With approximately 120,000 residents, the community has maintained positive population growth every year since its founding. Around 68,000 jobs are located within its borders, making it a thriving, self-contained neighborhood, rather than a Houston bedroom community, O’Reilly says.
“Return to office is a challenge for all of us, but to the extent that we're able to help deliver great office buildings in these unique communities with very short commutes, we're helping employers incentivize their employees to get back to the office and drive productivity,” O’Reilly says.
While each of Howard Hughes’ communities has an individual, authentic sense of place, O’Reilly says they all reflect the company's values and share a commitment to a high-quality lifestyle. “We try to create those trails, houses of worship, excellent schools, great restaurants, theaters, and arts and entertainment amenities that our residents are yearning for within their community.”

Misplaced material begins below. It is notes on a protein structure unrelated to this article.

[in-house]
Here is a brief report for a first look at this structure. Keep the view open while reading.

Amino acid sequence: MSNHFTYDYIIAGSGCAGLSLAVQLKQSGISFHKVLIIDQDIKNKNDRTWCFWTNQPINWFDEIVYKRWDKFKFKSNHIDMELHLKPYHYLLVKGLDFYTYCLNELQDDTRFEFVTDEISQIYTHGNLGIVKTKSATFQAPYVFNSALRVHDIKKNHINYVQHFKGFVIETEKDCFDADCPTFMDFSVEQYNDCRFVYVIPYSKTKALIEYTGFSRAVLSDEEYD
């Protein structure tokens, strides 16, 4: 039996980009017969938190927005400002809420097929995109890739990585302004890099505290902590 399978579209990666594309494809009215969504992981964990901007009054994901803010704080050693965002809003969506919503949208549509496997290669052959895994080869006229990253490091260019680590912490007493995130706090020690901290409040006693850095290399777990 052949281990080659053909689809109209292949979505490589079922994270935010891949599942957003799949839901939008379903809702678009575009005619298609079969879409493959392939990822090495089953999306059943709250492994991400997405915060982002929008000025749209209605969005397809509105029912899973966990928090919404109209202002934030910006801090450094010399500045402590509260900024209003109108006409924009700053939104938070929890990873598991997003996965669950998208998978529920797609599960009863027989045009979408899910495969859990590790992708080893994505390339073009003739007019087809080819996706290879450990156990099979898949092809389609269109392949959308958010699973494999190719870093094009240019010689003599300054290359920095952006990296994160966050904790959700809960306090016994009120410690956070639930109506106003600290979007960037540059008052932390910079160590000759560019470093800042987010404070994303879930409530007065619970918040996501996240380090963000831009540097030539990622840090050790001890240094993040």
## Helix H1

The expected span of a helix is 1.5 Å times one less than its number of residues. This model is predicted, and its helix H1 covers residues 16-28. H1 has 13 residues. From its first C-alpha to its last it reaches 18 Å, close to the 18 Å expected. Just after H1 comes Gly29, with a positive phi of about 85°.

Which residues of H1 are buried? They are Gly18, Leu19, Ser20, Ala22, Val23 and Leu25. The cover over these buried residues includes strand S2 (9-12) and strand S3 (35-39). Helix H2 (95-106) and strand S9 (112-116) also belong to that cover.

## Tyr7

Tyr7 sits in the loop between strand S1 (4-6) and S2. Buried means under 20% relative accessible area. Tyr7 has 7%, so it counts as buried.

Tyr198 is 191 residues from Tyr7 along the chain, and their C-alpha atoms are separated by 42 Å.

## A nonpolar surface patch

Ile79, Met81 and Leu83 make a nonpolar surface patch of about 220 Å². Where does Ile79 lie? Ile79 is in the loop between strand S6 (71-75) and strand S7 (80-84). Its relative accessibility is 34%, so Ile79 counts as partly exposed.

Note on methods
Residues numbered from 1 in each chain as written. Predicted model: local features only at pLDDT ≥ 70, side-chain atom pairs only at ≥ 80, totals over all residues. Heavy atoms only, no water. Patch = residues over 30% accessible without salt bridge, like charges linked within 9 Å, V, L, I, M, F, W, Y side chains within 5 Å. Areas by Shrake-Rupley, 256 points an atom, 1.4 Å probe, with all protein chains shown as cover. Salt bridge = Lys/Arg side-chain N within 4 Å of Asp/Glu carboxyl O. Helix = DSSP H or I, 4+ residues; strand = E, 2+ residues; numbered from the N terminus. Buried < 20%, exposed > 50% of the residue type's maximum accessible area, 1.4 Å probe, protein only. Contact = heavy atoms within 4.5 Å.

At Ward Village, for instance, a 60-acre coastal MPC located between downtown Honolulu and Waikīkī, Howard Hughes has created a walkable neighborhood with retail offerings and restaurants that connect to expansive parks and open spaces, O’Reilly says. At the same time, Ward Village continues to embrace the history and culture of the island and the locals that have been living there their whole life, he adds.